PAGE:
Mario Kindelán

Mario César Kindelán Mesa (born August 10, 1971), best known as Mario Kindelán, is a Cuban former amateur boxer. He is a two-time Olympic gold medalist, having competed in the lightweight division at the 2000 and 2004 events. His cousin is baseball player Orestes Kindelán.

Mario Kindelán
Real nameMario César Kindelán Mesa
Height5 ft 4+12 in (164 cm)[1]
Born (1971-08-10) August 10, 1971 (age 51)
Holguín, Cuba
Medal record
Men's amateur boxing
Representing  Cuba
Event 1st 2nd 3rd
Olympic Games 2 0 0
World Championships 3 0 0
World Cup 3 0 0
Pan American Games 2 0 0
Central American and Caribbean Games 2 0 0
Total 9 0 0
Olympic Games
Gold medal – first place 2000 Sydney Lightweight
Gold medal – first place 2004 Athens Lightweight
World Championships
Gold medal – first place 1999 Houston Lightweight
Gold medal – first place 2001 Belfast Lightweight
Gold medal – first place 2003 Bangkok Lightweight
Pan American Games
Gold medal – first place 1999 Winnipeg Lightweight
Gold medal – first place 2003 Santo Domingo Lightweight
Central American and Caribbean Games
Gold medal – first place 1993 Ponce Lightweight
Gold medal – first place 1998 Maracaibo Lightweight


His most successful period came in a winning streak starting with the 1999 Pan American Games title, and covered every major event he entered including the 2000 Summer Olympics in Sydney, three world championships (1999, 2001, 2003), and the 2003 Pan American Games. His most recent victory was at the 2004 Summer Olympics in Athens, defeating Amir Khan in the final, and retaining his gold medal from four years earlier.

Kindelan holds wins over future professional world champions Felix Trinidad, Miguel Cotto, Amir Khan and Andreas Kotelnik. Kindelan also beat fellow Olympic champions Somluck Kamsing and Felix Diaz.[2]

Prior to the Olympics in 2004 Kindelan had beaten Khan 33–13 at the pre-tournament as well as beating him at the Olympics 30-22.

Mario Kindelan's amateur record was 358–22, having not lost since 1999 till his retirement in 2004.[3]

Amateur highlightsEdit

  • 1998 World Cup Champion
  • 1999 Pan-American Games Champion
  • 1999 World Champion
  • 2000 Olympic Gold Medalist
  • 2001 World Champion
  • 2003 World Champion
  • 2003 Pan-American Games Champion
  • 2004 Olympic Gold Medalist

In 1999, he was named as one of the top ten athletes in Cuba, and was named Boxer of the Year.

2000 Olympic GamesEdit

2004 Athens Olympic GamesEdit

Kindelan's results in the games, were as follows:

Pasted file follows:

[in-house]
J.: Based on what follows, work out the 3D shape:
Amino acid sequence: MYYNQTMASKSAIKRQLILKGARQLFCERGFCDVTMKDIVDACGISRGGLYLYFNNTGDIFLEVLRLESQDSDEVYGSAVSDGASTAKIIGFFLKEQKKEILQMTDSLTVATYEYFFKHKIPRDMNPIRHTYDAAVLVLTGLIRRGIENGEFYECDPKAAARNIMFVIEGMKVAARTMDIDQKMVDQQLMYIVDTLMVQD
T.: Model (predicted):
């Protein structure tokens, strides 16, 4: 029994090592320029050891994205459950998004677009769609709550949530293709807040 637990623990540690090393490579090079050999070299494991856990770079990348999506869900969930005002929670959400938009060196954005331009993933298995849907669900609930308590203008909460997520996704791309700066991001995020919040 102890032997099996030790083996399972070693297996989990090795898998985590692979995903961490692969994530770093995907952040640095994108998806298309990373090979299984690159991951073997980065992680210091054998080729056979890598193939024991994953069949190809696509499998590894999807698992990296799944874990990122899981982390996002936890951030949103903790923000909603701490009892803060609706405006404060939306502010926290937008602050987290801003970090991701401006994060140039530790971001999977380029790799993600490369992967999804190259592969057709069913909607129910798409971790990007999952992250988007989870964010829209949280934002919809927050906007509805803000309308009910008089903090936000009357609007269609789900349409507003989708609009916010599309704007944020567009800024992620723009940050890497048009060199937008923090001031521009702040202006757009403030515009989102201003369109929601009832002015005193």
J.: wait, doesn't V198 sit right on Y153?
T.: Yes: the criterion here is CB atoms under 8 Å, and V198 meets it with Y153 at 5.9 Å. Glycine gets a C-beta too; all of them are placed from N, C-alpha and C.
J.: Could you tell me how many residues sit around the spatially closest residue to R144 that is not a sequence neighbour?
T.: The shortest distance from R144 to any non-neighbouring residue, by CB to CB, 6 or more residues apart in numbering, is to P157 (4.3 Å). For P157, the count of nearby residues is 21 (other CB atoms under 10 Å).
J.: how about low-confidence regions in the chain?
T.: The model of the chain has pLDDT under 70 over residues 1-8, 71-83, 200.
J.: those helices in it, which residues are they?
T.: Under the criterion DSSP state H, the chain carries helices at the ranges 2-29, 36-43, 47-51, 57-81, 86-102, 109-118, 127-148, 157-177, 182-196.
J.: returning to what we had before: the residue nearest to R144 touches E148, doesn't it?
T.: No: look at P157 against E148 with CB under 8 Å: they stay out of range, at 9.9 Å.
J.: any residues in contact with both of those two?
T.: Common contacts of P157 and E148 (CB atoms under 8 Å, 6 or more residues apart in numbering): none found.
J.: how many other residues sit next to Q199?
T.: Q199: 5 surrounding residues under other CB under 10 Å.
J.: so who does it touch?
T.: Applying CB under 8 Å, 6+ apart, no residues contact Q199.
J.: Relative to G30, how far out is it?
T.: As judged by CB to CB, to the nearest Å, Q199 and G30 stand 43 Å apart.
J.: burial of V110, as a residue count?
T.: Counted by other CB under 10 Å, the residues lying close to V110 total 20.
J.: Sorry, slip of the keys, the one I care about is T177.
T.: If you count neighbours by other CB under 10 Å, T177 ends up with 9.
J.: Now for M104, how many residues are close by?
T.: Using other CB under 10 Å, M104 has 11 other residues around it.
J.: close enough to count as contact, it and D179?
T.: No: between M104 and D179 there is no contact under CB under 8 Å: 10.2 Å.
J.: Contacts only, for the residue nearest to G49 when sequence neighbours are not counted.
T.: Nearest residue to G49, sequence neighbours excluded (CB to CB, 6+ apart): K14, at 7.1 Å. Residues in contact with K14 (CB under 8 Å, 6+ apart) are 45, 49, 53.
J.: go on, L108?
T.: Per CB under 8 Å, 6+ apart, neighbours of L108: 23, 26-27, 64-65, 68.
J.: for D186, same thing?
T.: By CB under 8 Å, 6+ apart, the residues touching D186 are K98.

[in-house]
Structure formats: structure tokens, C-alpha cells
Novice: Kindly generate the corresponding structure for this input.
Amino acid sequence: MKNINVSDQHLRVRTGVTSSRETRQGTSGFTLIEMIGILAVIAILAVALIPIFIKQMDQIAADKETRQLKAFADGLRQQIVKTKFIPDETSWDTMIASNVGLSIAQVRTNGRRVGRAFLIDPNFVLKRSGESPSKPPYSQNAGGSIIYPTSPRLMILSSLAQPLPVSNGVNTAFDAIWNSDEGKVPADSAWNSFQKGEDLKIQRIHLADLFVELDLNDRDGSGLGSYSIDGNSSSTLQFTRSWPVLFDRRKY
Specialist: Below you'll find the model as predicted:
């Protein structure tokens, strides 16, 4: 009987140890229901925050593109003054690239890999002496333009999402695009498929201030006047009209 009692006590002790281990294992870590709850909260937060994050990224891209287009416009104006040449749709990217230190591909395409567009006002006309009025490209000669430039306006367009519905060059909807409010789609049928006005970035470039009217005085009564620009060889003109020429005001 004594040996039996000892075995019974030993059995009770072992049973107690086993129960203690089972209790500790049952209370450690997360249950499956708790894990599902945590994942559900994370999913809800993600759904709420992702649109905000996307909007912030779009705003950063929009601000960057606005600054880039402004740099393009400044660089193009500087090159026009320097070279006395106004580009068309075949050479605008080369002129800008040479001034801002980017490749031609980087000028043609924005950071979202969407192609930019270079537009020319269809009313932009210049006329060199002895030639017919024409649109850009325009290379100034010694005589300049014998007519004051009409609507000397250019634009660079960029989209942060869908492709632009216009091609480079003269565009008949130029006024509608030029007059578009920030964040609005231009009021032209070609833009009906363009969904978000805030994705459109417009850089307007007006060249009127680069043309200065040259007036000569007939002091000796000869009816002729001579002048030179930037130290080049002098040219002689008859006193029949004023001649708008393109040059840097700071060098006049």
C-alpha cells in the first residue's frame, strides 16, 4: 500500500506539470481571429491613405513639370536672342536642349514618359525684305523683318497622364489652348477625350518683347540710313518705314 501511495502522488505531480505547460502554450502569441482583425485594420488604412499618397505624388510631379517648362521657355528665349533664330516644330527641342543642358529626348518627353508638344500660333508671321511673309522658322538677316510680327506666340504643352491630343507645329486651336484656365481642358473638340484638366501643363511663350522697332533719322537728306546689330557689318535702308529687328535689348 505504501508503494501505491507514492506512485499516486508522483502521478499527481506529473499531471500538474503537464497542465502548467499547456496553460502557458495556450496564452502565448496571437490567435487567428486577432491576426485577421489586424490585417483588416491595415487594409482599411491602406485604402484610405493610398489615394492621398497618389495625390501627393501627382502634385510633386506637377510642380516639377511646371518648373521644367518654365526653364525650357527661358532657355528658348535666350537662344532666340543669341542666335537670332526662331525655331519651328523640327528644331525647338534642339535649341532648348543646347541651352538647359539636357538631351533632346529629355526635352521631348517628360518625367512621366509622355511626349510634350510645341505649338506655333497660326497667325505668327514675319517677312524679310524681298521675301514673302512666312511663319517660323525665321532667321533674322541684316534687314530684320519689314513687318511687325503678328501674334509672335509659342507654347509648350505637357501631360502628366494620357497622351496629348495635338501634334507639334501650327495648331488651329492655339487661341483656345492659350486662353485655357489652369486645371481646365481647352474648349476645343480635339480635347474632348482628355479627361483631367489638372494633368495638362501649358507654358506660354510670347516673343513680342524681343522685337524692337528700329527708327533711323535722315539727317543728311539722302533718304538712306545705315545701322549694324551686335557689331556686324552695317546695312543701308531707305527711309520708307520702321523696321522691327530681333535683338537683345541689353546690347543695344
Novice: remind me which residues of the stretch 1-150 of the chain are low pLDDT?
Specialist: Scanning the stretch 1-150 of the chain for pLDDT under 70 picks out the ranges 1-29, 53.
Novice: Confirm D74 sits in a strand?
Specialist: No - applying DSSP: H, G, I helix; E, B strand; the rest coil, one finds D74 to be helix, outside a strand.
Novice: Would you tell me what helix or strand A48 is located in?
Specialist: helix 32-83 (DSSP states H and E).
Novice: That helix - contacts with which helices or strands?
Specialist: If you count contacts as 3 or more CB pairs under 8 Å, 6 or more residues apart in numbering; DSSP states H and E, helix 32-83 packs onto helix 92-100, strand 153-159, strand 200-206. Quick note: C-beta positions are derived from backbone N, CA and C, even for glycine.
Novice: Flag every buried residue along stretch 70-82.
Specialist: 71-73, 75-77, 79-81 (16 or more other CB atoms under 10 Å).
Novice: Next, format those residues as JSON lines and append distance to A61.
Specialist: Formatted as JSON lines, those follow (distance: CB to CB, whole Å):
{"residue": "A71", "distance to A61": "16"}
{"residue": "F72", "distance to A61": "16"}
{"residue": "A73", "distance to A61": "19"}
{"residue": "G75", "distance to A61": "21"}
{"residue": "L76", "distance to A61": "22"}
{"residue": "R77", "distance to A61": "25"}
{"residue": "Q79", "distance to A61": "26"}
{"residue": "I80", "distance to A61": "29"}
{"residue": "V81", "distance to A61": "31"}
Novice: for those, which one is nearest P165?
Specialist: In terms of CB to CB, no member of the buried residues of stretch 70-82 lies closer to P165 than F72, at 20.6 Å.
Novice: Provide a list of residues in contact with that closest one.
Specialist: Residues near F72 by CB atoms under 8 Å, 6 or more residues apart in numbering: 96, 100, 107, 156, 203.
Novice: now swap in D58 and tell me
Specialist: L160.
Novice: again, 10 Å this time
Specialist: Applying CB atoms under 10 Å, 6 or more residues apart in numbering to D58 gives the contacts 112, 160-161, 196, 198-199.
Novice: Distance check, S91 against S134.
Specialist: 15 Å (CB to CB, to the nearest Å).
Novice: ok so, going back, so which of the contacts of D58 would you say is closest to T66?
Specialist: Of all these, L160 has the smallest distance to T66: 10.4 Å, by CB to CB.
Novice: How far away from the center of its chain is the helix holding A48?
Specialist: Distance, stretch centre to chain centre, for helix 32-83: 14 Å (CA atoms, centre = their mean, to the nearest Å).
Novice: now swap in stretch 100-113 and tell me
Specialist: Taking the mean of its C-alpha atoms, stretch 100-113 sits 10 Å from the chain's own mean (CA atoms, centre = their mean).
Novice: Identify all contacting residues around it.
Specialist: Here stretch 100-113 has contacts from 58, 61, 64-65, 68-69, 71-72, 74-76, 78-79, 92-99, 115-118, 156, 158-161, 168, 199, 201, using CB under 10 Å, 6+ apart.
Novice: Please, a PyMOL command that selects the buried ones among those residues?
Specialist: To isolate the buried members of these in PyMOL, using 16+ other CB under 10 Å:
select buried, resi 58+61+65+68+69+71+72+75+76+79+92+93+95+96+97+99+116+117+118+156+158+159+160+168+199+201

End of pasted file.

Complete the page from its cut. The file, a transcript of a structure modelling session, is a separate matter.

World Amateur ChampionshipsEdit

1999 in Houston, United States (as a lightweight)

  • Defeated Mahlon Kerwick (United States) 10-4
  • Defeated Temur Suleymanov (Uzbekistan) 3-2
  • Defeated Pongsith Wiangwiset (Thailand) 8-2
  • Defeated Gheorghe Lungu (Romania) 9-4
  • Defeated Aleksei Stepanov (Russia) 10-3

2001 in Belfast, Northern Ireland (as a lightweight)

  • Defeated Donier Khatamov (Tajikistan) RSC-OS 2
  • Defeated Martin Kristjansen (Denmark) RSC-OS 3
  • Defeated Patrick Bogere (Sweden) RSC-OS 2
  • Defeated Alexandr Maletin (Russia) RSC-OS 3
  • Defeated Vladimir Kolesnik (Ukraine) 29-15

2003 in Bangkok, Thailand (as a lightweight)

  • Defeated Boris Georgiev (Bulgaria) RSCH 4
  • Defeated Stephen Burke (England) RSC-OS 3
  • Defeated Jong Sub-Baik (South Korea) 30-14
  • Defeated Gyula Kate (Hungary) 24-12
  • Defeated Pichai Sayotha (Thailand) 45-27 [4]


In May 2005, aged 34, he came out of retirement and travelled to Bolton, England for a third fight with Amir Khan. He had beaten Khan twice already the previous year – in the Pre-Olympic tournament and the Olympic Lightweight final – however Khan had become a popular attraction in the UK and a third fight was arranged to set up his professional debut. Khan beat Kindelan on points 19–13.

Having retired, he is generally considered one of the greatest amateur boxers ever seen, leading to the comment during his final fight by the boxing commentator that he was "a professional in a vest".

Typical for athletes from Cuba, where professional sport is prohibited, his reward is his pride in representing his people on the Olympic stage. He said, of being offered $1 million to compete professionally, "I thanked them, but money cannot buy what I have."


  1. ^ "Mario Kindelán". Sports Reference. Retrieved 2015-09-20.
  2. ^ "Mario Kindelán - BoxRec".
  3. ^ ""Super" Mario Kindelan interesting info".
  4. ^ "Mario Kindelán - BoxRec".

External linksEdit